Holidays don't bring joy to everyone

By Mandy Mahan

A National Alliance on Mental Illness (NAMI) study showed that 64% of people with mental illness admitted that holidays make their conditions worse and that this year some individuals may be experiencing emotional health challenges for the first time due to the effects COVID-19 has had on their social, physical and/or financial health.

The Paper of Wabash County talked with Jason Cussen, Licensed Mental Health Counselor and Director for Wabash County Bowen Center about mental health during the holidays.

“The holiday season often is when we learn how to hold the positive and negative realities of life,” he told The Paper. “It is a time of celebration and for some a time of remembering a loss or managing difficult relationships, or both. Now, we are adding a new challenge of social distancing, forcing us to think differently about how we connect with family and in social gatherings.

“The truth is we often compare ourselves to the movies, but our families are not perfect. We all experience seasonal demands in different ways. We experience stress, fatigue, unrealistic expectations, financial stress, and now the inability to be with family and friends. In response to the demand, we often change our behaviors, which can increase stress, sadness, and anxiety.”

Behavioral changes can take form in many ways, such as: change in eating or sleeping patterns; increased alcohol or tobacco use; changes in routines such as physical activity; and a change in attitude such as feeling angry, irritable, withdrawn or having outbursts.

Cussen said that once these changes are identified, it is important to identify what things you are in control of and which things you are not.

“You can think of these as your holiday survival tools: Make a "to-do list" for the day. Write the list on one page so it can be carried with you. Schedule the more demanding tasks during the times when you are the most alert and energetic. Schedule an easy job after a difficult one or a long task after a short one, so you can stay motivated and make time for energy breaks,” said Cussen. “The holidays don't have to be perfect; as families change and grow, traditions and rituals often vary. Choose a few traditions to hold onto and be open to creating new ones. It is okay to have needs and to ask for those to be met.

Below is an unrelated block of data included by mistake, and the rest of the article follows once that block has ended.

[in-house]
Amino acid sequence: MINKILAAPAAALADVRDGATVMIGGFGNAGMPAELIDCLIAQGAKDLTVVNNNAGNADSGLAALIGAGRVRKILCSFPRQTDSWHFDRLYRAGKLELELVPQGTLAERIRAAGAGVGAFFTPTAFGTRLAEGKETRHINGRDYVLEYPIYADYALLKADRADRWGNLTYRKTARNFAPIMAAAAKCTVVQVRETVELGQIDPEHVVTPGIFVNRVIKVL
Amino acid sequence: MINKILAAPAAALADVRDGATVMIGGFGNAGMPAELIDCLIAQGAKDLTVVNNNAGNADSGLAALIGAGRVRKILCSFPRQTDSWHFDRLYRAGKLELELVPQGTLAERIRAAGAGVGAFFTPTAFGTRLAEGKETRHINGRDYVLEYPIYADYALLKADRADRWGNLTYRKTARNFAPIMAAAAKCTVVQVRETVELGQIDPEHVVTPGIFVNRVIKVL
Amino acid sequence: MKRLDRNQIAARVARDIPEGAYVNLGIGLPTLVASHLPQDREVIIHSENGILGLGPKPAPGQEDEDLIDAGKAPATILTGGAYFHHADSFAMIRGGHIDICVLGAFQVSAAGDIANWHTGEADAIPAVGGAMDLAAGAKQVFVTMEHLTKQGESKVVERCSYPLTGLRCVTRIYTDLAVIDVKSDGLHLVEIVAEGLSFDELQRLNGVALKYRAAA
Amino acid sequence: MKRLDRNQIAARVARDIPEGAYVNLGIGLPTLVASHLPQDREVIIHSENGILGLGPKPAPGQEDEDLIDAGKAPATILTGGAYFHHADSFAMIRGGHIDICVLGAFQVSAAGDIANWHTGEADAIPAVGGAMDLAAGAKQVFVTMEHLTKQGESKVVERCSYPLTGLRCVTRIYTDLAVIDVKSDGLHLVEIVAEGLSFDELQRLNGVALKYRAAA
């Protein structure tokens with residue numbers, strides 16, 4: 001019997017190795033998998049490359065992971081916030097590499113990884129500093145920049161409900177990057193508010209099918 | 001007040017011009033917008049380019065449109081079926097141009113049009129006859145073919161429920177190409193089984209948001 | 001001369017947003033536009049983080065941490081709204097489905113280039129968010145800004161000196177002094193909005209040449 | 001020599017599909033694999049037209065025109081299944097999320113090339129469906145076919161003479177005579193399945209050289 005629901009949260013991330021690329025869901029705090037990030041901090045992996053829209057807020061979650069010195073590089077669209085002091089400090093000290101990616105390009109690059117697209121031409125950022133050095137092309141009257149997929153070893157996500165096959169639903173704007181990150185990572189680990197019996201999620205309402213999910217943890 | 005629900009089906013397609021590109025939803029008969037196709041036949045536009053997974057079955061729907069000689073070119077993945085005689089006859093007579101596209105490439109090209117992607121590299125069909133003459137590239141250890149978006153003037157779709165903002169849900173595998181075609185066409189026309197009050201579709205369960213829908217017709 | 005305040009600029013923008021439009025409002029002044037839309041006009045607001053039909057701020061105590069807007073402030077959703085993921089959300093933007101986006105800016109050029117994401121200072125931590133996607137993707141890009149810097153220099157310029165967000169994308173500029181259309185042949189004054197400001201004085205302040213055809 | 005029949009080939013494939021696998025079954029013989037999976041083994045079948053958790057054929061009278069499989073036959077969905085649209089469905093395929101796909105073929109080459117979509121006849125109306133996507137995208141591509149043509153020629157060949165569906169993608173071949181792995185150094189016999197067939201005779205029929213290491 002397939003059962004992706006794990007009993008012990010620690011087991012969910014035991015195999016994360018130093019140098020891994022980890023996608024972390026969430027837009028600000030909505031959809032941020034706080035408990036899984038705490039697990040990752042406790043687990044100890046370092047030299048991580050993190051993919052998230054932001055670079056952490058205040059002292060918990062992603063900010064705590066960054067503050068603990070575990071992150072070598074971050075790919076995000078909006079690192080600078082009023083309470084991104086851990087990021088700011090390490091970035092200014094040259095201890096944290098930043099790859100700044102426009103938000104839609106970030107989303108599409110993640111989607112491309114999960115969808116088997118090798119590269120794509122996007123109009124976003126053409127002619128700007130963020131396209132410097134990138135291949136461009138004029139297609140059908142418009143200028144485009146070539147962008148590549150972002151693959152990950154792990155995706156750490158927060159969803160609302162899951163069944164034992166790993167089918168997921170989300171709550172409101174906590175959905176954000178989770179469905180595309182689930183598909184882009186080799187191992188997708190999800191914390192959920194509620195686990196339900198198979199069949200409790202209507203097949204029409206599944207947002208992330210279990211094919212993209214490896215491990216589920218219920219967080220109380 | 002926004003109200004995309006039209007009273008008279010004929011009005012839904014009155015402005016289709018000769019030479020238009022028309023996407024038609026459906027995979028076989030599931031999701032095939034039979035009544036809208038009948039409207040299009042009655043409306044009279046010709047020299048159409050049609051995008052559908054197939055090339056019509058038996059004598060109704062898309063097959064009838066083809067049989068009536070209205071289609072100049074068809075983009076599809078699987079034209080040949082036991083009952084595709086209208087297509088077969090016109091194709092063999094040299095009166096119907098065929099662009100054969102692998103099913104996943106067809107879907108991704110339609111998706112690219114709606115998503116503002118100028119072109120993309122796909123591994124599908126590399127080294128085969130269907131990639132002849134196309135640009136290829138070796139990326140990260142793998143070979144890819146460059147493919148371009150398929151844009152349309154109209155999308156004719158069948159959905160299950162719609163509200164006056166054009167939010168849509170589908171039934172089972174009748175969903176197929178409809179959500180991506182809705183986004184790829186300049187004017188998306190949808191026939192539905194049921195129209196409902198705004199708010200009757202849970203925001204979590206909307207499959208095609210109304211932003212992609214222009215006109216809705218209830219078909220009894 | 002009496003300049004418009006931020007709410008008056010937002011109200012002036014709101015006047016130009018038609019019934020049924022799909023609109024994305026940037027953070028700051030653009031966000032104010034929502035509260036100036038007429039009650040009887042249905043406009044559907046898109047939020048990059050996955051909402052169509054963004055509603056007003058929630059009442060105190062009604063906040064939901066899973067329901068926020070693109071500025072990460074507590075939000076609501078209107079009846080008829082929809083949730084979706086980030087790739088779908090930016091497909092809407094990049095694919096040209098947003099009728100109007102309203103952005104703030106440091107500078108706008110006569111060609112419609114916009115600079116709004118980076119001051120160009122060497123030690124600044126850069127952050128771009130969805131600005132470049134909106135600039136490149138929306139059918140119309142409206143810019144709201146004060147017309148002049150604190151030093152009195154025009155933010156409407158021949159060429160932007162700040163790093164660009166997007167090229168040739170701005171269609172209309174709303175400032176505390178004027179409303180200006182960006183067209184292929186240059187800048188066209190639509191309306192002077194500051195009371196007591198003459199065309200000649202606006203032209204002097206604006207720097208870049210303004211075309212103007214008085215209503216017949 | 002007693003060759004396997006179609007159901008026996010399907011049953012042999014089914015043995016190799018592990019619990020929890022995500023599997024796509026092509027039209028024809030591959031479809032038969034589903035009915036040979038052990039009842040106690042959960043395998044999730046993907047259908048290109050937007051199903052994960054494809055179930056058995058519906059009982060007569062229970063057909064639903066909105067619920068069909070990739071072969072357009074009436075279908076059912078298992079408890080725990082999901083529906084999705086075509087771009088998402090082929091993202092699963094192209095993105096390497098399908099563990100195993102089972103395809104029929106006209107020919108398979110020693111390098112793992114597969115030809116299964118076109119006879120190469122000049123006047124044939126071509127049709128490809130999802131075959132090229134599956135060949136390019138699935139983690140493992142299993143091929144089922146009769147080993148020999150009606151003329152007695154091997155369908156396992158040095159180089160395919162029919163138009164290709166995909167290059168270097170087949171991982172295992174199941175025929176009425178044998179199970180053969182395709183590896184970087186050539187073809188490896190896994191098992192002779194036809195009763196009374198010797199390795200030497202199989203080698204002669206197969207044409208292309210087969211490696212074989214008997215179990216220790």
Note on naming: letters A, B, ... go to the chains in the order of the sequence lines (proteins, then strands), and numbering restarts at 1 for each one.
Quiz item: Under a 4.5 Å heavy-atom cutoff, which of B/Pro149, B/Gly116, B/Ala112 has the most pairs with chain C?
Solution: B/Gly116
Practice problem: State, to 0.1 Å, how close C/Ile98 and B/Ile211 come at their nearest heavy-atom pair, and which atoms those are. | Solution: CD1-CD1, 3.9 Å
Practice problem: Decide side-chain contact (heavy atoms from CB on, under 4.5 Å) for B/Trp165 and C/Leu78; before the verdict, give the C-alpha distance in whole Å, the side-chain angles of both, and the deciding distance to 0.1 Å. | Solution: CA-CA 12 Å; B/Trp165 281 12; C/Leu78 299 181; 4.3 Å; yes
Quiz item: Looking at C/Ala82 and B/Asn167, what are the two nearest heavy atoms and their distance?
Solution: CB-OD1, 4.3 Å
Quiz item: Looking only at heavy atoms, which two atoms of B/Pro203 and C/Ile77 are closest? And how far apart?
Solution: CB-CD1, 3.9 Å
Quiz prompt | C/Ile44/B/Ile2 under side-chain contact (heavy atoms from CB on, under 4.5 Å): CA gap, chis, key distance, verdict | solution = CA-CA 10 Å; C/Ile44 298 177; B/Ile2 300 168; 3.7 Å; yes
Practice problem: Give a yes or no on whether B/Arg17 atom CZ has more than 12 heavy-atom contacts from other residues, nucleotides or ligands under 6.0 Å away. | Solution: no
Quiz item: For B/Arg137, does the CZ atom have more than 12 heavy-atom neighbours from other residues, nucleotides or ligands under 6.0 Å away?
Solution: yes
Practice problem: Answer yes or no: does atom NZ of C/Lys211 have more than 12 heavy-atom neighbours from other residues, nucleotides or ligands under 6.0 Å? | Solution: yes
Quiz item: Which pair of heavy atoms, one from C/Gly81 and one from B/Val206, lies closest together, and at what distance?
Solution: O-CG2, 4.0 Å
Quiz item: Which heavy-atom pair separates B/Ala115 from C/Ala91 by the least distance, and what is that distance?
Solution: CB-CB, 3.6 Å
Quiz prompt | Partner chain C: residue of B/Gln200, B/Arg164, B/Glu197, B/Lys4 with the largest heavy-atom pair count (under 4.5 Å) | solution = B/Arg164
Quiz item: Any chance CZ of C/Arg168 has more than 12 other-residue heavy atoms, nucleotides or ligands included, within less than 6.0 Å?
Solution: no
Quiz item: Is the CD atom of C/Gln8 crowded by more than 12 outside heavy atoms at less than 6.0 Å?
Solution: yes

Accepting help from loved ones and friends and sharing the season's load can bring families together. If you feel lonely, seek out community events, including religious events or other social events, or volunteering your time to help others. Leave "yesterday" in the past and look toward the future. Life brings changes. Each season is different and can be enjoyed in its own way.”

IF you find yourself feeling depression for the first time, or realizing your depression has gotten worse during this season, there are many options for seeking help. 

“It is easier than ever to connect with services at the Bowen Center,” Cussen told The Paper. “It is as simple as having a conversation over the phone or coming into the office practicing COVID safe precautions with face masks and social distancing. When you call 800-342-5653 you will be greeted by patient services team who can answer questions and schedule an appointment. All new patients will participate in an initial assessment with one of our therapists or medical providers. You can complete the registration packet before the appointment by downloading it at Our highly trained team treats the whole person providing mental and physical health care, therapy, life skills coaching, treatment for Substance Use Disorder, and more. And, we provide insurance navigation to ensure patients receive the health insurance coverage they need. Any student who attends the three school districts in Wabash County has access to two prepaid confidential sessions with Bowen Center's Student Assistance Plan (SAP). Many businesses and organizations in Wabash participate in Bowen Center's Employee Assistance Plan (EAP), which offers employees and their families free, confidential assessments, and short-term counseling.”

The Bowen Center accepts many insurance plans, including Medicare and Medicaid and uses a sliding fee discount scale for patients that pay privately. The Center has Indiana Navigators to assist patients in obtaining insurance coverage or Medicaid, if eligible.

Other resources for help are:

National Alliance on Mental Illness (NAMI) Indiana provides no-cost, virtual, peer-led programs for individuals and families along with educational opportunities. For more info, visit is a comprehensive online resource that includes information, support and providers for anyone wanting to find help, locate information, or help others on their path to mental wellness.

Indiana 211 is a free service that connects Hoosiers with help and answers from thousands of health and human service agencies and resources right in their local communities - quickly, easily, and confidentially.

Posted on 2020 Dec 22